In June 1913, a small Russian fleet, consisting of the gunboat Donets and the transport ships Tsar and Kherson, delivered the archbishop of Vologda, and a number of troops to Mount Athos to intervene in the theological controversy over imiaslavie (a Russian Orthodox movement).

Maryse Choisy entered the monastic community in the 1920s disguised as a sailor. She later wrote about her escapade in Un mois chez les hommes ("A Month with Men").[34] In the 1930s, Aliki Diplarakou dressed as a man and snuck into the monastic community. Her stunt was discussed in a 13 July 1953 Time magazine article entitled "The Climax of Sin".[35]

A monk named Mihailo Tolotos is claimed to have lived in the monastic community from c. 1855–1856 to 1938. On October 29, 1938, the American community newspaper Edinburg Daily Courier of Edinburg, Indiana reported that Tolotos had died at the age of 82. Reportedly, Tolotos had never seen a woman in his life, his mother having died in childbirth and he was brought up in the monastery by the monks.[36] His 1938 death was again mentioned in January 7, 1949, edition of Raleigh Register in an Nixon Furniture Company advertisement, saying he lived a secluded life in the monastery, suggesting he may have never left the monastery.[37]

Following the outbreak of World War II, Time magazine described during the German invasion of Greece in 1941 a bombing attack near the monastic community, "The Stukas swooped across the Aegean skies like dark, dreadful birds, but they dropped no bombs on the monks of Mount Athos".[38] During the German occupation of Greece, the Epistassia formally asked Adolf Hitler to place the monastic community under his personal protection. Hitler agreed and received the title "High Protector of the Holy Mountain" (German: Hoher Protektor des heiligen Berges) from the monks. The monastic community was able to avoid significant damage during the war.[39][better source needed]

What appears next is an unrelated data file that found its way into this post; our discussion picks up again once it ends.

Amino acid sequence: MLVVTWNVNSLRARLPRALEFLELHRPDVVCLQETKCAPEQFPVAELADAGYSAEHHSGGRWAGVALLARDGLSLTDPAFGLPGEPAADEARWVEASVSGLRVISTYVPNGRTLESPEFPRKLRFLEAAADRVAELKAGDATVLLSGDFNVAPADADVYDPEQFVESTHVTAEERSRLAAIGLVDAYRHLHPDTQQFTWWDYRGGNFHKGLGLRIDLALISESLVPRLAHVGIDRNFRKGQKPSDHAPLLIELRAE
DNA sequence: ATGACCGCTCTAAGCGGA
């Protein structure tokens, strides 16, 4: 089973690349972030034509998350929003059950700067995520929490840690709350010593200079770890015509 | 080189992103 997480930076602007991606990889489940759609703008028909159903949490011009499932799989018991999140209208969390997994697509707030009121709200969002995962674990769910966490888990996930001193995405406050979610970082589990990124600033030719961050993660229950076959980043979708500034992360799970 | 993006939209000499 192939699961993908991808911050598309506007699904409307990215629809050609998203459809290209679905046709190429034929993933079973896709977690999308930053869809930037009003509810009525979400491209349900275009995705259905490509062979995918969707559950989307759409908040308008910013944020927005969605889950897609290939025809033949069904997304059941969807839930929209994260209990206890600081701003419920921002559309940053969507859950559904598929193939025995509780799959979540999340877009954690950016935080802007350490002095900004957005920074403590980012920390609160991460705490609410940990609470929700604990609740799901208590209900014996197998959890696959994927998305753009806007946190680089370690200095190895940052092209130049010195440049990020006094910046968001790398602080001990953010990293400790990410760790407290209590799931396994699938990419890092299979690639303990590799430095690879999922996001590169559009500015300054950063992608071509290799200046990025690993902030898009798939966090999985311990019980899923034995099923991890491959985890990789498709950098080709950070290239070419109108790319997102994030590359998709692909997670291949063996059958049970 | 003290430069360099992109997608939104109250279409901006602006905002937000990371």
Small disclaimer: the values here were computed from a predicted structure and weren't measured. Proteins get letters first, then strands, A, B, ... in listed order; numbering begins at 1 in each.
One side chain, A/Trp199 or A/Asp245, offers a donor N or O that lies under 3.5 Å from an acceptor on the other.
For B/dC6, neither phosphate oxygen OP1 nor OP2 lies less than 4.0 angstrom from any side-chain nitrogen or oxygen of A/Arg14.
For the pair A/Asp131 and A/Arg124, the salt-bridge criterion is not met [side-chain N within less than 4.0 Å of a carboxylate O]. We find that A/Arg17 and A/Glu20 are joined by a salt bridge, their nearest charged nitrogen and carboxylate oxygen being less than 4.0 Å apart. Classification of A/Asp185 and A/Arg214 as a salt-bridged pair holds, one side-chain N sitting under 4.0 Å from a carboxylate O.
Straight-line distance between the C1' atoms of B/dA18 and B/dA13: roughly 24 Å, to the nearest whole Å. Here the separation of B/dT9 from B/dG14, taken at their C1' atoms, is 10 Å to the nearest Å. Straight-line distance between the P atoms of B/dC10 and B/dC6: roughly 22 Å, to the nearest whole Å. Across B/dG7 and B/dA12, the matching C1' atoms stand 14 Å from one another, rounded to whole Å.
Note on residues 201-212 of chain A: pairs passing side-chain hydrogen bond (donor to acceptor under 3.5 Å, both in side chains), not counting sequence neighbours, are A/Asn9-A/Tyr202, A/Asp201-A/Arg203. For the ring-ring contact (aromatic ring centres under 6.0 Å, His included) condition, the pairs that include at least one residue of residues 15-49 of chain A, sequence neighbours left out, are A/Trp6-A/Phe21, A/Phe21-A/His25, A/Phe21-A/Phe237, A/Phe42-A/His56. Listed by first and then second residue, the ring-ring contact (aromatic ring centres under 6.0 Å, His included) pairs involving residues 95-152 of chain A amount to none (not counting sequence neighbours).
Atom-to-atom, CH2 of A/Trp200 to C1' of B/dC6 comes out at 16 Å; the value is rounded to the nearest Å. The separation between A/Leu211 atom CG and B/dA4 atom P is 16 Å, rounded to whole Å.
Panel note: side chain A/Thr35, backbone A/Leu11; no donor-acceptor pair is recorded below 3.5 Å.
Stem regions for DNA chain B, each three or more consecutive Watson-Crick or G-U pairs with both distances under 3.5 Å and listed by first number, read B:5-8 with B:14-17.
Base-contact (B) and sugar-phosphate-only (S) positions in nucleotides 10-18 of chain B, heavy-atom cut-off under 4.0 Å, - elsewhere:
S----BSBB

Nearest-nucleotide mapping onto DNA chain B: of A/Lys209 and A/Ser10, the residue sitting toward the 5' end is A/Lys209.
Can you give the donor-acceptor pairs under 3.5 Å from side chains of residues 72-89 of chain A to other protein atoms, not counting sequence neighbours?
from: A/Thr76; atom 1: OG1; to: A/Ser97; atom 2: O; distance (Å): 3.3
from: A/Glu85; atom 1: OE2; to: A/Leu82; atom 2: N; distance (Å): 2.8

Contemporary times[edit]

After the war, a Special Double Assembly passed the constitutional charter of the monastic community, which was then ratified by the Greek Parliament.

In 1953, Cora Miller, an American Fulbright Program teacher, landed briefly along with two other women, stirring up a controversy among the local monks.[40]

After the dissolution of the Yugoslav Communist regime and Socialist Yugoslavia many presidents and prime ministers of Serbia visited Mount Athos.[41]

A 2003 resolution of the European Parliament requested the lifting of the ban for violating "the universally recognised principle of gender equality".[42]

On 26 May 2008, five Moldovans illegally entered Greece by way of Turkey, ending up in the monastic community. Four of these migrants were women. The monks forgave them for trespassing and informed them that the area was forbidden to females.[43]

In 2008 a group of Greek women contravened the 1,000-year ban on females on the mount during a protest after five monasteries laid claim to 8,100 hectares (20,000 acres) of land on the nearby Chalkidiki peninsula. About 10 women jumped over the border fence spent about 20 minutes on the monastery territory, being joined by MP Litsa Ammanatidou-Paschalidou.[44]

View of Dafni